When you walk into your office every day, you're probably not thinking about rock 'n' roll. But if you're really after success, maybe you should be. That's according to Heather Stern of Lippincott, which has offered guidance to major brands like Coca-Cola, Starbucks and Samsung since 1943. Stern is in a unique position with Lippincott in that she serves as both the chief marketing officer and chief human resource officer (chief talent officer). To push her two departments to their best, she takes inspiration from two of the greatest music legends of all time--The Beatles' John Lennon and Paul McCartney.

The spark of insight

"When I started wearing both hats," Stern explains, "I was at first struck by the inherent differences between the two departments--the activities, the way we approach things, the way we communicate, etc. [But...] then I stumbled across an article on Joshua Wolf Shenk's book, The Power of Two, about the partnership of John Lennon and Paul McCartney. It really hit home. The subtitle says it all: 'Despite the mythology around the idea of the lone genius, the famous partnership John Lennon and Paul McCartney demonstrates the brilliance of creative pairs.' I really liked the idea of leveraging the strengths of the two departments versus focusing on the inherent differences and I thought the John / Paul metaphor worked really well. It became a bit of a metaphorical north star for me."

Lennon is marketing...

Stern describes Lennon as spontaneous, emotional and wildly creative. He was always radical, she says, and had an intense desire to be doing new things nobody else was doing.

"CMOs are often brought in to be a change agent, to question the status quo, to infuse experimentation into the organization and to connect with audiences in new ways," says Stern. "For me, John Lennon provides inspiration for that and I see a lot of similarities in how he approached his role. He was a non-conformist. Not only did he push the envelope and help evolve Beatles' music, but he also devoted much of his life to driving change in the world and architecting his own 'activations' like Bed-In for Peace protests. [...] His transparency and willingness to push the envelope, like with his 'The Beatles are more popular than Jesus' remark, reminds me of a marketer's mindset."

...and McCartney is HR

And McCartney? Well, he wanted to push new things, too, but he was a bit more grounded. Songs like Love Me Do and Let It Be were straightforward and less ambiguous, which actually helped people connect with them.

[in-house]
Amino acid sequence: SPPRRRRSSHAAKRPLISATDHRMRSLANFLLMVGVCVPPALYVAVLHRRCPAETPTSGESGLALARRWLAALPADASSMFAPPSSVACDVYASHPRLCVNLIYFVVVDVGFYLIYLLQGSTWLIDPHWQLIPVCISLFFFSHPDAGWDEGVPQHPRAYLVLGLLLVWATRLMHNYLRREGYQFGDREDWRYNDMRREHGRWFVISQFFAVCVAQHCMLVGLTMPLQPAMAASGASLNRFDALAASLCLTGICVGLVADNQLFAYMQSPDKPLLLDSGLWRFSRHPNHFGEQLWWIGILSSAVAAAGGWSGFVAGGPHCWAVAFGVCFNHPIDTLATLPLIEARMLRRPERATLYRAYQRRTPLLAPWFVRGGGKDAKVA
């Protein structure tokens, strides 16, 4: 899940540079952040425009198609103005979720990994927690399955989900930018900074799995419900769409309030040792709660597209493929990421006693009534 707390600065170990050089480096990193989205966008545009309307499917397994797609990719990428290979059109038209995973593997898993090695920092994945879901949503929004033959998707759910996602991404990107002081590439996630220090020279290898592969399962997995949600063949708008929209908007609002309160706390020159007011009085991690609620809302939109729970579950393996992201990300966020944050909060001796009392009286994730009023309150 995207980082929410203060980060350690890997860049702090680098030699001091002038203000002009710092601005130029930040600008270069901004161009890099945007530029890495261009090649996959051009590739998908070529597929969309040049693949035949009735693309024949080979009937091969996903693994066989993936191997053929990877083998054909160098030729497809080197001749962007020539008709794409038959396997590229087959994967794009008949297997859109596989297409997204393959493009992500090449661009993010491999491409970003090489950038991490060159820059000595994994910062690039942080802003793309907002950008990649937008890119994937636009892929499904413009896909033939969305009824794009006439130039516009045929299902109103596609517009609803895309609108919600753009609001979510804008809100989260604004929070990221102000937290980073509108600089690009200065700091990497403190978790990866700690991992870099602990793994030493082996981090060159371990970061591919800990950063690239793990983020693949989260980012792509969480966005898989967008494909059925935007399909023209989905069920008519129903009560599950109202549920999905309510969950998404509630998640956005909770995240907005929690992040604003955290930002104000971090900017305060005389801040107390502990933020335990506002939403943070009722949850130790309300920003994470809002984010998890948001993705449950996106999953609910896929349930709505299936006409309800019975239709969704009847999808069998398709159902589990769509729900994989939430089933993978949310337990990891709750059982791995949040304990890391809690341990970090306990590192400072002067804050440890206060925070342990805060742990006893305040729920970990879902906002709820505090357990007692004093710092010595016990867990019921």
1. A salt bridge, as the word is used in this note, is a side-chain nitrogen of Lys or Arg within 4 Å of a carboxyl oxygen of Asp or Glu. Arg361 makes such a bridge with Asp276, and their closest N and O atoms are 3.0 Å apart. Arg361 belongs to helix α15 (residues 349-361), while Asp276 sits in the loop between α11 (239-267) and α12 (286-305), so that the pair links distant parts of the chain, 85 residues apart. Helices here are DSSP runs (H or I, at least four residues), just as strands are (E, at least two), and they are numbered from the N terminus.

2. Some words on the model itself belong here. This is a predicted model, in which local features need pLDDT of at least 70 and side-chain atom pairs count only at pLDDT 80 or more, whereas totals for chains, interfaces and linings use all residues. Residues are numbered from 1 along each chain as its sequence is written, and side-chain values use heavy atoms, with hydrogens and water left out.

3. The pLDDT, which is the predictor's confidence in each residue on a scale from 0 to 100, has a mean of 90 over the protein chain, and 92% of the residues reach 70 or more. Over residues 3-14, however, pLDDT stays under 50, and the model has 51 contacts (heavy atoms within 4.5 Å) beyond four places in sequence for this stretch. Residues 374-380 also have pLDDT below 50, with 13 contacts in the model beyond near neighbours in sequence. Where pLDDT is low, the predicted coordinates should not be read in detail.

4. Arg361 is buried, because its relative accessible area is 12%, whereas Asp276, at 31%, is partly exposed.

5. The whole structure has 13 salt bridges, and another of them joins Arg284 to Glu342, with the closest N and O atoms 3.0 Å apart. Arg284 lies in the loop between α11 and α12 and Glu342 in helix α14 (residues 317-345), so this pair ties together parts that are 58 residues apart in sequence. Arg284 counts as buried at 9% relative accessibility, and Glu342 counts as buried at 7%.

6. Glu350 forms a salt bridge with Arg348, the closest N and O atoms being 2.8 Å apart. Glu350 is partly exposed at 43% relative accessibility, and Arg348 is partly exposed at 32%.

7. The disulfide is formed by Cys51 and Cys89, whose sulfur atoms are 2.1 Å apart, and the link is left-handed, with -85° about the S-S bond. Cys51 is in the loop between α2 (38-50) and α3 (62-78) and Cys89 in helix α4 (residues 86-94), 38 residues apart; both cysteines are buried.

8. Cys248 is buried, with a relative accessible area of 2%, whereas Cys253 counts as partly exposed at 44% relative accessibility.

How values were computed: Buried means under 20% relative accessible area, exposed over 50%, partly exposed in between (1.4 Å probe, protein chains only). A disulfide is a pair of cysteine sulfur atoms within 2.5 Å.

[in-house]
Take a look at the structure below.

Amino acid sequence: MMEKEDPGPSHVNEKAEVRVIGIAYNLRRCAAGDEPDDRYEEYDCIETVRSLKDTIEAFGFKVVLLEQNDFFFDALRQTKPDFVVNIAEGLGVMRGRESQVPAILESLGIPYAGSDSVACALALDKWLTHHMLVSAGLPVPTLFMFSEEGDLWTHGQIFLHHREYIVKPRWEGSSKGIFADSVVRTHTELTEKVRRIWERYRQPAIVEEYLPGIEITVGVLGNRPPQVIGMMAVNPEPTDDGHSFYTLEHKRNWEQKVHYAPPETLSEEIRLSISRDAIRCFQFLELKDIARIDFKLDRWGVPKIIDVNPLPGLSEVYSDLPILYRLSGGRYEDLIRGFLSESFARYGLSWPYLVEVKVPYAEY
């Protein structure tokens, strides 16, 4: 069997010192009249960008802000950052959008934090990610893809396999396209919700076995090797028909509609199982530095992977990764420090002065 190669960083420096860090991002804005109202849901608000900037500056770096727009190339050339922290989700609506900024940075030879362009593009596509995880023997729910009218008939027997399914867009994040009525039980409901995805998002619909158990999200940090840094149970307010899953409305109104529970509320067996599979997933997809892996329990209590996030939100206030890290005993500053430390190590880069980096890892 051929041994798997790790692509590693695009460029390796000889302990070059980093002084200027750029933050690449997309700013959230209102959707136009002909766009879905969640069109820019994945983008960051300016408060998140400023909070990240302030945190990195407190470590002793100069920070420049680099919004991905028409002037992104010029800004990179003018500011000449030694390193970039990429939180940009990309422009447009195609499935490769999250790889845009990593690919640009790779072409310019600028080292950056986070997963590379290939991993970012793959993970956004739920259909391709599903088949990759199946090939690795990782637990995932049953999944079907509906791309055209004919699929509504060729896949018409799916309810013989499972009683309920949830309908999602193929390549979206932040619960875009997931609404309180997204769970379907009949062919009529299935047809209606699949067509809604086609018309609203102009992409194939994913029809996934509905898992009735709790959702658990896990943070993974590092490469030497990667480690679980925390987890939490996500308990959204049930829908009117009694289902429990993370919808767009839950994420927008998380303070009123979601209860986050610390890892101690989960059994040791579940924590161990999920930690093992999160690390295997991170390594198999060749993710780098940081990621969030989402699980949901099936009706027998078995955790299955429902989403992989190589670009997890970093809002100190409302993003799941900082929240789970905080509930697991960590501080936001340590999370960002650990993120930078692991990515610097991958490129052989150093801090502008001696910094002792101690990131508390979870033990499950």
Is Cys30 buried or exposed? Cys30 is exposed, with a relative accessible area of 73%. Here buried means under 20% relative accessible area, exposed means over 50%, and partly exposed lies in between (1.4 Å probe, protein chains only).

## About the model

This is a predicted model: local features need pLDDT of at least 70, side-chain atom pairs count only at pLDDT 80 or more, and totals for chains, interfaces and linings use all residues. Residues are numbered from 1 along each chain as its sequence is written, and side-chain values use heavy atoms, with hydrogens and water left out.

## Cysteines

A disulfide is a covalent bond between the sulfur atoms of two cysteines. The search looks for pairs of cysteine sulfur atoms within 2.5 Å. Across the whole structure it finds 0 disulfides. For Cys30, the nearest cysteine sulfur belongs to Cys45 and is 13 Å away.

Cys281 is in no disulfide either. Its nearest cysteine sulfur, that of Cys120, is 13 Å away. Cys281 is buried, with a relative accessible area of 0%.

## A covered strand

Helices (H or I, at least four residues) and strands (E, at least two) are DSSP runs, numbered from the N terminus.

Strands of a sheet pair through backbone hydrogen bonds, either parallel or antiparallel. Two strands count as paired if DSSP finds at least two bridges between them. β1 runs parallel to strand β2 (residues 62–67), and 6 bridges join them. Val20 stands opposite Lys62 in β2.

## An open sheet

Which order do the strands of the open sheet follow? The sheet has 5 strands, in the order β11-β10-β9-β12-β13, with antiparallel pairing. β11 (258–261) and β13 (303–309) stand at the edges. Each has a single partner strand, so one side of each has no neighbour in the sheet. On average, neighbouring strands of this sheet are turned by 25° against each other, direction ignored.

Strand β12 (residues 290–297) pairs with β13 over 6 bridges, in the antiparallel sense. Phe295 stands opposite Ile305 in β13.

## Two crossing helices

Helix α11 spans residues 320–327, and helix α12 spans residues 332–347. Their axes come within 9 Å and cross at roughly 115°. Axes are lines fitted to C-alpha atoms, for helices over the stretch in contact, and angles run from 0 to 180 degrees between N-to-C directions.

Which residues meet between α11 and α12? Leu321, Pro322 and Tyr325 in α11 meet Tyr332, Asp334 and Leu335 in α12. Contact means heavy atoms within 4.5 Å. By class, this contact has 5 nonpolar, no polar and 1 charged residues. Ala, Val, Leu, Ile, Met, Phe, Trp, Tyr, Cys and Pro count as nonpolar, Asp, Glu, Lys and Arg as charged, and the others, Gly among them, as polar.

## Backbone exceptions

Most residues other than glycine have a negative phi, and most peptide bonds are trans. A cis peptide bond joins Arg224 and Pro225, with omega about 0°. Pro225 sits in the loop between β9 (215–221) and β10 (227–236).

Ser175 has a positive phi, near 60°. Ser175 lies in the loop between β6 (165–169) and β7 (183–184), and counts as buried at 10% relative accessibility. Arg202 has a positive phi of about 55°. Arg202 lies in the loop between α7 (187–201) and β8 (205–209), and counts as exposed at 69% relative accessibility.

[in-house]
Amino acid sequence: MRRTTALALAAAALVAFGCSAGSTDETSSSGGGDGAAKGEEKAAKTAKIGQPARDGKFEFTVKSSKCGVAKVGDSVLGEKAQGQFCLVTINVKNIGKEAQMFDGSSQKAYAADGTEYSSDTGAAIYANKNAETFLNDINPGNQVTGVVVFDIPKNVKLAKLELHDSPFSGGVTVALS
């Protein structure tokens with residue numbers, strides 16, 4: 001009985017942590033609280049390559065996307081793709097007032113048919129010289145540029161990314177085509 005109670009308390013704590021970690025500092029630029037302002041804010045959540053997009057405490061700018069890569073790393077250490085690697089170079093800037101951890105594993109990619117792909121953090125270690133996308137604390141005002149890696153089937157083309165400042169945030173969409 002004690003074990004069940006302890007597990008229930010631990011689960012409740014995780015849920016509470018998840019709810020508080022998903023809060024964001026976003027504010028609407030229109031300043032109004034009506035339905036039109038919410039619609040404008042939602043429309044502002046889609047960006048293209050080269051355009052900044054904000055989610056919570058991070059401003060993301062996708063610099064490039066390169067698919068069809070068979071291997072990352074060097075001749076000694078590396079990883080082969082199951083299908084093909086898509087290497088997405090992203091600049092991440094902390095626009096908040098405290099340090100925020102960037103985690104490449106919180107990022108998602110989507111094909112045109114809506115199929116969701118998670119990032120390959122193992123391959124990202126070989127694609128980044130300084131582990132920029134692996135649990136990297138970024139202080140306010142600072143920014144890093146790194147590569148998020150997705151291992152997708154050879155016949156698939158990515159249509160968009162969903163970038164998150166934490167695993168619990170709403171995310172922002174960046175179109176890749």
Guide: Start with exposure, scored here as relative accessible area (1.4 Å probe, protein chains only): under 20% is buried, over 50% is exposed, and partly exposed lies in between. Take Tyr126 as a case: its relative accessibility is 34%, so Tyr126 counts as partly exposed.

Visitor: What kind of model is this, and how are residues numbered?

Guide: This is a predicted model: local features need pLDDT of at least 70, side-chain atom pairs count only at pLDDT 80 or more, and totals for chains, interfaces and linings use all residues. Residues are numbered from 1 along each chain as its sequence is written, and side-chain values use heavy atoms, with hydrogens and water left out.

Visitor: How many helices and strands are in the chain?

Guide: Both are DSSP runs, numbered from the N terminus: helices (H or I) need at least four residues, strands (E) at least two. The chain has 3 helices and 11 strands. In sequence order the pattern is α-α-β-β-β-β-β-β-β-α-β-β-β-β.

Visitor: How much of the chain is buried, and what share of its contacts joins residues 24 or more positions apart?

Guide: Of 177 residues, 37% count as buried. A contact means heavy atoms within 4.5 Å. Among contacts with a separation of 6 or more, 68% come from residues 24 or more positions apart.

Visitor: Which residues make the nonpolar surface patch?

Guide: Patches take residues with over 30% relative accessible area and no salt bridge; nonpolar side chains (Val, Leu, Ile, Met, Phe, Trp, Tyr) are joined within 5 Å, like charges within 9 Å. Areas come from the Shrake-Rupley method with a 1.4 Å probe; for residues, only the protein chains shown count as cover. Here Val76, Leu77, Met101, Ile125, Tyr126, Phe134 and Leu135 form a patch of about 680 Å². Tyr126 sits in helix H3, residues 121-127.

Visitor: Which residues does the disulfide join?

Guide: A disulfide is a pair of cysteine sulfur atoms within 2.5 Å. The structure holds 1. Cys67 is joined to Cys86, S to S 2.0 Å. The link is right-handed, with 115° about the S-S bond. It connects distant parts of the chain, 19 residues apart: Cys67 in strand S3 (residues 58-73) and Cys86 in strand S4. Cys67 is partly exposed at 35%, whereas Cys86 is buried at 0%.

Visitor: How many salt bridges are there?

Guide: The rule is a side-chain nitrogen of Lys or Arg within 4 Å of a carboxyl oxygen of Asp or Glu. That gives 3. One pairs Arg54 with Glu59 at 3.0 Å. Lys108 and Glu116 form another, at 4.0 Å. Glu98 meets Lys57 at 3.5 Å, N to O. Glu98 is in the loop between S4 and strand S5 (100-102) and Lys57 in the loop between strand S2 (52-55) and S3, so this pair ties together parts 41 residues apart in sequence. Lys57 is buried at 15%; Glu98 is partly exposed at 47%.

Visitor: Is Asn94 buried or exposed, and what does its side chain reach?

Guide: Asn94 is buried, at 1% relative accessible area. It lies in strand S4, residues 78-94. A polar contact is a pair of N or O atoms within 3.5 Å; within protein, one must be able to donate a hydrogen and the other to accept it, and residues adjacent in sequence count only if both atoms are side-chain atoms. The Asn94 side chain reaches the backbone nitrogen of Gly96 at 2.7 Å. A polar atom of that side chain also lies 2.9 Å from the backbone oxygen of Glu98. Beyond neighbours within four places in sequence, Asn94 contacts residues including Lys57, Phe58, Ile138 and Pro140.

"CHROs are looked upon to help maintain balance, order and continual engagement," Stern asserts. "They have the trust and respect of the organization and the ear of the CEO. They, too, are forward looking, but I've found them, overall, to be more inclusive in their thinking. Paul was always polite to the press, especially in comparison to John. He famously told Rolling Stone that he was always the Beatle who would offer reporters a drink and make sure they were comfortable. Even today, McCartney is all about finding new common ground. At 73 years old, he became a collaborator of Kanye West, which is a reminder of how great things can come from partnering with unlikely sources."

Working better together

In the end, Stern says, Lennon and McCartney, although each an incredible force to reckon with in their own right, complemented each other. By working together well, they built a voice for the band that was altogether different and appealed to a significantly wider audience. And just like Lennon and McCartney needed each other and offered each other balance, company departments are synergistic, too.

"I don't think of marketing and HR as mutually exclusive personalities. I've learned that any marketing effort I am focusing on actually does have implications for our talent, and vice versa. At the end of the day, both talent and marketing are trying to create a movement that people want to become a part of. Marketing is trying to create this connection with customers, while HR is trying to create it with employees. The goal for both these efforts is to create a harmonious cycle that feeds into itself. This is where marketing and talent need to come together: to identify not just what the brand stands for, but what you do as a company because of what the brand stands for. How it shows up in the day-to-day, how it manifests itself across the customer and employee experience, and how it stays true to a central idea but evolves over time to be relevant and dynamic. To succeed at that task, you need both mindsets."

Stern's message isn't exclusive to big companies, either. Even if you're in a business of one, the basic idea that it takes more than one set of skills or assets to thrive, or that you shouldn't view different tasks as being within specific, isolated silos, still holds. Yes, Stern admits, it can be messy and full of surprises to rebel, take the rock and roll route and erase role boundaries. But it's rewarding, too. And in an environment of increasing competition and noise, that very well might be just the music your ears need to hear.